A pilot scheme to test school children for Covid-19, using saliva tests, begins today at a school in Paris.
It comes after the tests, which are less painful than typical nose swab tests, were approved for use in France by the Haute Autorité de Santé (HAS) earlier this month.
Prime Minister Jean Castex and Health Minister Olivier Véran are set to attend this first of several pilots, which will be in the 13th arrondissement.
Several schools will soon be selected throughout France to carry out a large-scale testing campaigns.
Mr Véran said between 200,000 to 300,000 of the saliva tests could be carried out in schools around the country each week, once school winter holidays end, between the end of February and the beginning of March.
He said in an address to the senate this morning (February 11) that he wished for “schools to stay open for as long as possible”.
More than 930 classes in France are currently closed due to Covid-19, the latest figures from February 5 show.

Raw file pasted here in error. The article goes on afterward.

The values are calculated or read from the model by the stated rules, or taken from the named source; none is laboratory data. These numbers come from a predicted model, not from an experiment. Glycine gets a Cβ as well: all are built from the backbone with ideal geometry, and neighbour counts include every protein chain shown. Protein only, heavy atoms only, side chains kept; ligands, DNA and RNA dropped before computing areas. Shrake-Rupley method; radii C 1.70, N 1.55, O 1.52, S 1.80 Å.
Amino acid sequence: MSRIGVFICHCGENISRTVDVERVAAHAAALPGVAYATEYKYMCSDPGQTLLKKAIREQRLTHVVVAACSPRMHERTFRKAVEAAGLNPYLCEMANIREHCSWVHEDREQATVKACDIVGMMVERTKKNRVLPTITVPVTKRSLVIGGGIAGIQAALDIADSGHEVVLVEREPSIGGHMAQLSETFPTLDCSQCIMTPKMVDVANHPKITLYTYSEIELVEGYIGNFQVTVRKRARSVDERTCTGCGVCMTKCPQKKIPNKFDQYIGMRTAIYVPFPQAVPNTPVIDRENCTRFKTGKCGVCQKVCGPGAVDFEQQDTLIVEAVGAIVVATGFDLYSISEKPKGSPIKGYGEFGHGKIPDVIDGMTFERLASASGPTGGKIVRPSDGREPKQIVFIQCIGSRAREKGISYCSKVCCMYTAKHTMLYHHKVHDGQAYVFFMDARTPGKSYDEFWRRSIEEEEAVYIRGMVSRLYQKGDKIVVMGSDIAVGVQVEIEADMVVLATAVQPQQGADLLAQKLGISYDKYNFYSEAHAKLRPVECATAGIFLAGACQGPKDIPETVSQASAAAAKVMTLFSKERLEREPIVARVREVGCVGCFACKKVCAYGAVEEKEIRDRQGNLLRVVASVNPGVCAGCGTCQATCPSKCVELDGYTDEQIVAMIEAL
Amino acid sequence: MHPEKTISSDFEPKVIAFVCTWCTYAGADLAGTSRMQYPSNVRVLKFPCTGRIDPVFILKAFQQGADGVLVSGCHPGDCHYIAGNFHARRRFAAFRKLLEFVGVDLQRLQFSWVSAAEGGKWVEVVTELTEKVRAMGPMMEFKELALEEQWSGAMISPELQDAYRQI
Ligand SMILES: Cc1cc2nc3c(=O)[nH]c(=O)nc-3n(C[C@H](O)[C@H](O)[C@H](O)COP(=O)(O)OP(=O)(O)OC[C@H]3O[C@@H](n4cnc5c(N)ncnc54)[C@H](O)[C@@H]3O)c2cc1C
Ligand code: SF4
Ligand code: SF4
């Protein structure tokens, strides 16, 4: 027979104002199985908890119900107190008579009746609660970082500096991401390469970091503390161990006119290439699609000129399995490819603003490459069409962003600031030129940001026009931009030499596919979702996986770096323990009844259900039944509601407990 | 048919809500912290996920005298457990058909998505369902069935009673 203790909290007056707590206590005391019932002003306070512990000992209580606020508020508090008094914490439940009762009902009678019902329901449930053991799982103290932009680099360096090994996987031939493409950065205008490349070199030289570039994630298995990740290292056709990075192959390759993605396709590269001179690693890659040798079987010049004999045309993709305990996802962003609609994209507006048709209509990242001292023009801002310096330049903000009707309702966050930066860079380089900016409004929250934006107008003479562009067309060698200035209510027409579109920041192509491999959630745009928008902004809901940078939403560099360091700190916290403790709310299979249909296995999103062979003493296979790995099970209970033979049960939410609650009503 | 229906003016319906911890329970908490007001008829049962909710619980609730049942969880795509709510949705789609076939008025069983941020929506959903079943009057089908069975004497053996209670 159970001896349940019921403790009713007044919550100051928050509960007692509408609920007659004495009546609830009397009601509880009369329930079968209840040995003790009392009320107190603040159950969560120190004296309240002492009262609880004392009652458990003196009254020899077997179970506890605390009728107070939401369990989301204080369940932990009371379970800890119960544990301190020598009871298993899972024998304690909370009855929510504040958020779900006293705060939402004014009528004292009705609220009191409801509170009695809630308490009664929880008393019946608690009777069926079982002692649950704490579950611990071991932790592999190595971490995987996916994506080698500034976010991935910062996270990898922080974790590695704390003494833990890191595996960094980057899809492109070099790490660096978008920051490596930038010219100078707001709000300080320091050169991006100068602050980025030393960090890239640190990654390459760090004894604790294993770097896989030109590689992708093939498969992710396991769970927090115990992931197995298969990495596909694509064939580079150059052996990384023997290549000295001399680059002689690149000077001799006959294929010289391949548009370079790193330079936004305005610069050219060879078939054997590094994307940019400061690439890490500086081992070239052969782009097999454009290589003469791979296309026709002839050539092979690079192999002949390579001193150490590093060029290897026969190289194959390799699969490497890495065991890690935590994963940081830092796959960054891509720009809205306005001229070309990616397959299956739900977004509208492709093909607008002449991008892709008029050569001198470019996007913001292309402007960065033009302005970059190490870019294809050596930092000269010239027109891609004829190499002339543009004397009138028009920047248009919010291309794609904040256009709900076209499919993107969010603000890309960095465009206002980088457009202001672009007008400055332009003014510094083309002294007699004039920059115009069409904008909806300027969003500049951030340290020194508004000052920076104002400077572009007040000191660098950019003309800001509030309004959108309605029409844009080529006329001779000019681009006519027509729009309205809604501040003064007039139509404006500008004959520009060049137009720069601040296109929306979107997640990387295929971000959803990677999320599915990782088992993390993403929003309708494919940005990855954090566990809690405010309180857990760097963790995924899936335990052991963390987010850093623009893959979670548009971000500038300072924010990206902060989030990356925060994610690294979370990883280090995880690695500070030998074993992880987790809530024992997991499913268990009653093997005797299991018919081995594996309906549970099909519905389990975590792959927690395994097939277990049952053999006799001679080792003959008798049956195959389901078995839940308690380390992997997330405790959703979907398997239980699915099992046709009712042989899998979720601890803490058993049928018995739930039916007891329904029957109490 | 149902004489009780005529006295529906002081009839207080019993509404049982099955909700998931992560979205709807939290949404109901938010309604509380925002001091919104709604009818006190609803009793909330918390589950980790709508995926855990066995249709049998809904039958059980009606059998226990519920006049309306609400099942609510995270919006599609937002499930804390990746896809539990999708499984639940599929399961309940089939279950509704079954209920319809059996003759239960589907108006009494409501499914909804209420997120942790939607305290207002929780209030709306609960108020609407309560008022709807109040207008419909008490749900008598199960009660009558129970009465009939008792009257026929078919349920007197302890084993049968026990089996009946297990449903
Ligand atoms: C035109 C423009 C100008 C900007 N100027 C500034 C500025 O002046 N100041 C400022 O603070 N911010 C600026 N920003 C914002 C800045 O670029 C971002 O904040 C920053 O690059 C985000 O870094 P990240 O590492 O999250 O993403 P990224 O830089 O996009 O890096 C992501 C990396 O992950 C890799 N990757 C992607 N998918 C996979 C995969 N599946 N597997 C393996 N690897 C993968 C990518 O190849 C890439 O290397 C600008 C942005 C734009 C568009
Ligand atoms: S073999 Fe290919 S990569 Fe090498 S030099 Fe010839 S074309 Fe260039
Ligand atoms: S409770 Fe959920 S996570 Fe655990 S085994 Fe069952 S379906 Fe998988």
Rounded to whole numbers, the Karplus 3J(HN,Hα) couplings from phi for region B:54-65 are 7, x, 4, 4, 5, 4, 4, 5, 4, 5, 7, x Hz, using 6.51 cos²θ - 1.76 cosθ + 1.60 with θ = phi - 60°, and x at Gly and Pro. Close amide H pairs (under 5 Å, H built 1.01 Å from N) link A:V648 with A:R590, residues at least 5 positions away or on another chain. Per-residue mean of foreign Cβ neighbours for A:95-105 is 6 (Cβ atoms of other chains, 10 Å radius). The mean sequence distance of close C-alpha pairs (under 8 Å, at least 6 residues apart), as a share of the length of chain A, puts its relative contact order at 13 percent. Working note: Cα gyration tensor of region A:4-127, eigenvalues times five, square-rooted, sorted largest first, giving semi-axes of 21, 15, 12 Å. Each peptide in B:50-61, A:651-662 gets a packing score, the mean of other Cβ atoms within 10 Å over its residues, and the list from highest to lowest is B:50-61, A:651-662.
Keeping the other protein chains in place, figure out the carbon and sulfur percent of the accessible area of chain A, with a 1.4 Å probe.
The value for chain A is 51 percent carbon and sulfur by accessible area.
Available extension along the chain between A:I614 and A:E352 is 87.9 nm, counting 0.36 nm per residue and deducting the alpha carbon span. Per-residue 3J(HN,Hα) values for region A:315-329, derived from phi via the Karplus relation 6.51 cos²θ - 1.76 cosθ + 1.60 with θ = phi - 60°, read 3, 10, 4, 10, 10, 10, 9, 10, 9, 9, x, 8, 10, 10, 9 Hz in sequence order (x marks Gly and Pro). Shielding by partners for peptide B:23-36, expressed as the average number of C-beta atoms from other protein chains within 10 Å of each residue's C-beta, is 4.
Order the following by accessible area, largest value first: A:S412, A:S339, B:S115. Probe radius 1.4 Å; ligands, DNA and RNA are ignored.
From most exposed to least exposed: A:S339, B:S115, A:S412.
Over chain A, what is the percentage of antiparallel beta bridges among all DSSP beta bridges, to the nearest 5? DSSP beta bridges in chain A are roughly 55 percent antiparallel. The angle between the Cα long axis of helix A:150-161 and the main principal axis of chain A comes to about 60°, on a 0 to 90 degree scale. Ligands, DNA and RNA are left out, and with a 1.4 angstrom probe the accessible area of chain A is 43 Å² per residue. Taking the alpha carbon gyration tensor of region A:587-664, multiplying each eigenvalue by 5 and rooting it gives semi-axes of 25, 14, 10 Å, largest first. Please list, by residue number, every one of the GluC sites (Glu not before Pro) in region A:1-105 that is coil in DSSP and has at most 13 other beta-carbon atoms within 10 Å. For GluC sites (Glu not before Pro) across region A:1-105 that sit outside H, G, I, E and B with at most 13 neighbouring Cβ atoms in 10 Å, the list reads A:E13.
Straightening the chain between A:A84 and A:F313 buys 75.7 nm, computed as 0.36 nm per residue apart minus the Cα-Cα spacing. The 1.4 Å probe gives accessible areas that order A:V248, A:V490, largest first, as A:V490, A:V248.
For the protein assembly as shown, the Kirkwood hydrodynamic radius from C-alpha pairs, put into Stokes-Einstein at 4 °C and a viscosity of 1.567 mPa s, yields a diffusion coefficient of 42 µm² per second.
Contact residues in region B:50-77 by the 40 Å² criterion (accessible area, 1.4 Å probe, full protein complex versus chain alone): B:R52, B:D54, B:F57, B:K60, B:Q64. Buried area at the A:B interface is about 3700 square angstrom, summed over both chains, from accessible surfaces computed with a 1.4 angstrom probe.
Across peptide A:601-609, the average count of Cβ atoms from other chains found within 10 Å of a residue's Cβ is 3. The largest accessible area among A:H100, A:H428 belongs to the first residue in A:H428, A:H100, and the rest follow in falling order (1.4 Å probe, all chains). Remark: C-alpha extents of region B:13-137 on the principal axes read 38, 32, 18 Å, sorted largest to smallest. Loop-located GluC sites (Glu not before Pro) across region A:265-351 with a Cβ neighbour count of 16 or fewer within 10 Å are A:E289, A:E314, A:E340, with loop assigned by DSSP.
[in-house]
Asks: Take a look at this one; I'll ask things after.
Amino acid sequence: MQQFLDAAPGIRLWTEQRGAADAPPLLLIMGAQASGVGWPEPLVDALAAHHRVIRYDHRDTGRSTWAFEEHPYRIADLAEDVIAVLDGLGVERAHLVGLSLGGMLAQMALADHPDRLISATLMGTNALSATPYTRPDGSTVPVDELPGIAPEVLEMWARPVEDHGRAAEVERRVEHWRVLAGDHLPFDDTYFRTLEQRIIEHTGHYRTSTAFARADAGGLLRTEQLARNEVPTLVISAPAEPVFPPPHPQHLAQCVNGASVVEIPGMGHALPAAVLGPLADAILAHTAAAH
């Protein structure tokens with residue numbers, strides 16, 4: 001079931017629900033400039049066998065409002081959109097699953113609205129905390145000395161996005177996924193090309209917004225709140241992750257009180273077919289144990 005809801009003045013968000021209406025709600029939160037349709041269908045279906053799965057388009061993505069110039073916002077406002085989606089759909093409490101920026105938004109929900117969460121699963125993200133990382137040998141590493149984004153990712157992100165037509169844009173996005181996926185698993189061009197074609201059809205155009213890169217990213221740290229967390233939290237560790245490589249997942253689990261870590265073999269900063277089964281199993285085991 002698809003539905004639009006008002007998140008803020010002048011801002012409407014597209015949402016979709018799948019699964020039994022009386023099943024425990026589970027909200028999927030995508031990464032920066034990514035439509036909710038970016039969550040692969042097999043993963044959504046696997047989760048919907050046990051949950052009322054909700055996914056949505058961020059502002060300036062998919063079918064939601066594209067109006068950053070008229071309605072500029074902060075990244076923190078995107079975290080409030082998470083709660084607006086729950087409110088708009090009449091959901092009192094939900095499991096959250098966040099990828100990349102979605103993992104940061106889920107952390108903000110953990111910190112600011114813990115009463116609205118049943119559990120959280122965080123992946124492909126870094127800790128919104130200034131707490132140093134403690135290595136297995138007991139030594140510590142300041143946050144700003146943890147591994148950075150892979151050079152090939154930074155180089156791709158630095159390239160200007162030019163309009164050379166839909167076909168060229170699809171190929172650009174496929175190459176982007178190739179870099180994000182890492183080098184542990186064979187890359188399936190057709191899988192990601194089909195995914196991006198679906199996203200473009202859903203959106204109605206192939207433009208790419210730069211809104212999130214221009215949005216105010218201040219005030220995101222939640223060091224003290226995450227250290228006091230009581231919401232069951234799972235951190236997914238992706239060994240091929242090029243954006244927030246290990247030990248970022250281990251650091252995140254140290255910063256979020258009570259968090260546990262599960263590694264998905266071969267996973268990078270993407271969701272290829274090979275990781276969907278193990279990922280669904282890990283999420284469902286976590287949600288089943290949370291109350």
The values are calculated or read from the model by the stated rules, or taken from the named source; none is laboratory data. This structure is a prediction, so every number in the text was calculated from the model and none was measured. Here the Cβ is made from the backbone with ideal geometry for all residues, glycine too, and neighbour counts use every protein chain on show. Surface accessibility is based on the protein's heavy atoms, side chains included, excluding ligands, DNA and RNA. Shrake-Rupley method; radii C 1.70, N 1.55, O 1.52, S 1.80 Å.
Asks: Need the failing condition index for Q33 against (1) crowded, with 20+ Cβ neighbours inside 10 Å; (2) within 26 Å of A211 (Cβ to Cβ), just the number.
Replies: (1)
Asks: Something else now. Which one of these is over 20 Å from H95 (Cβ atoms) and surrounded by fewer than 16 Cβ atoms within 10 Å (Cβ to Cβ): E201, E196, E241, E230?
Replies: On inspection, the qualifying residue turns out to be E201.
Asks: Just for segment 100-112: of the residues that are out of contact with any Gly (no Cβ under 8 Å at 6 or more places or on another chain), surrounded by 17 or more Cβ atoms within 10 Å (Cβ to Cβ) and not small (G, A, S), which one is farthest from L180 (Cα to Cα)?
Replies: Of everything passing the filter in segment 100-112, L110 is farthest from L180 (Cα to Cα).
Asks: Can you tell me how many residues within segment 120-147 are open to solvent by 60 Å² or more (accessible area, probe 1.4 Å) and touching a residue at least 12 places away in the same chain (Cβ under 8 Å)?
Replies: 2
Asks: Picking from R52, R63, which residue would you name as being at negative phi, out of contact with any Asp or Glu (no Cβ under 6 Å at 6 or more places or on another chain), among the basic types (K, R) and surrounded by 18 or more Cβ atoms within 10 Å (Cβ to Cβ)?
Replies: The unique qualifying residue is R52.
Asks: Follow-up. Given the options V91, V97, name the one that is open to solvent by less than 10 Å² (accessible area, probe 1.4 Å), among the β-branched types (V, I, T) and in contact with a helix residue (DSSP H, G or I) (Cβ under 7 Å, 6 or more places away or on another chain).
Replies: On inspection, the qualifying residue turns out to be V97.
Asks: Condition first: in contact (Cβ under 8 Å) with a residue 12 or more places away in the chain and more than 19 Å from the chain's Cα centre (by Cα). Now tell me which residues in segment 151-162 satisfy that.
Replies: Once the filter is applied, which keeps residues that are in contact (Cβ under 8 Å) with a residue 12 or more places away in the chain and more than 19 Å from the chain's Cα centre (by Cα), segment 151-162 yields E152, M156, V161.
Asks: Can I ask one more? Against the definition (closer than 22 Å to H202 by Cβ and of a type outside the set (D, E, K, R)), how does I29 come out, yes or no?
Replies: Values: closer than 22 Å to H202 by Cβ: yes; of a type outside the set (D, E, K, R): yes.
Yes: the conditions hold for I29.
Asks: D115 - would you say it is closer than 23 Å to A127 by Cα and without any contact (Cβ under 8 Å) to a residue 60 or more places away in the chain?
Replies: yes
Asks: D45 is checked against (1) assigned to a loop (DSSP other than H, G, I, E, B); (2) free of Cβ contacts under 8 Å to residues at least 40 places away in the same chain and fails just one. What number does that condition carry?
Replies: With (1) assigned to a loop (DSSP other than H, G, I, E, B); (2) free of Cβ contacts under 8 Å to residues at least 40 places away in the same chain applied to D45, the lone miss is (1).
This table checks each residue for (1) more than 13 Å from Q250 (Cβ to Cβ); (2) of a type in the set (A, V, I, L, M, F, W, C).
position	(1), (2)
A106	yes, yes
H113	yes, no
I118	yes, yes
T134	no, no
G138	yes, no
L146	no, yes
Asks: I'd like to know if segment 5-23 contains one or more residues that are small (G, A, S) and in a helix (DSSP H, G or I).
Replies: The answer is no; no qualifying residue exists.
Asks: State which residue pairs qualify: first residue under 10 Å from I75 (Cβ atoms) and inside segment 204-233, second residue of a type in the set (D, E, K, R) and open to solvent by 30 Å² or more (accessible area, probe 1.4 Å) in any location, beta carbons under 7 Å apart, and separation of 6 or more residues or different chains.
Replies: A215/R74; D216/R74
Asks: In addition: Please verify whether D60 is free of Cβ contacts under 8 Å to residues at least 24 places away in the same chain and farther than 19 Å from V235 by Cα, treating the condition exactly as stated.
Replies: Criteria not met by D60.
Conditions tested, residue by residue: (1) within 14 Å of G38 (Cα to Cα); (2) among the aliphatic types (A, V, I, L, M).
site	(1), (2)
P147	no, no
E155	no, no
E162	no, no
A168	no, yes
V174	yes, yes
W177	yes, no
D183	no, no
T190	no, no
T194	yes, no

Saliva tests can be carried out either by swabbing the inside of someone’s mouth or using a spit sample. In this way, they are much less intrusive than nasal swab tests.
The simplicity of taking this test makes them especially suitable for children and people with disabilities.
However, the test results are not rapid. The samples go through the same process as nasal swabs and must be sent to a laboratory for analysis before results can be returned - taking a similar amount of time as a nasal PCR test.
The saliva swabs were found to be 2-11% less sensitive than the nasal swabs and gave 85% reliability (as opposed to 90% for nasal swabs), trials run by the HAS found.
Saliva tests are already being used in other countries, such as in some universities in Belgium.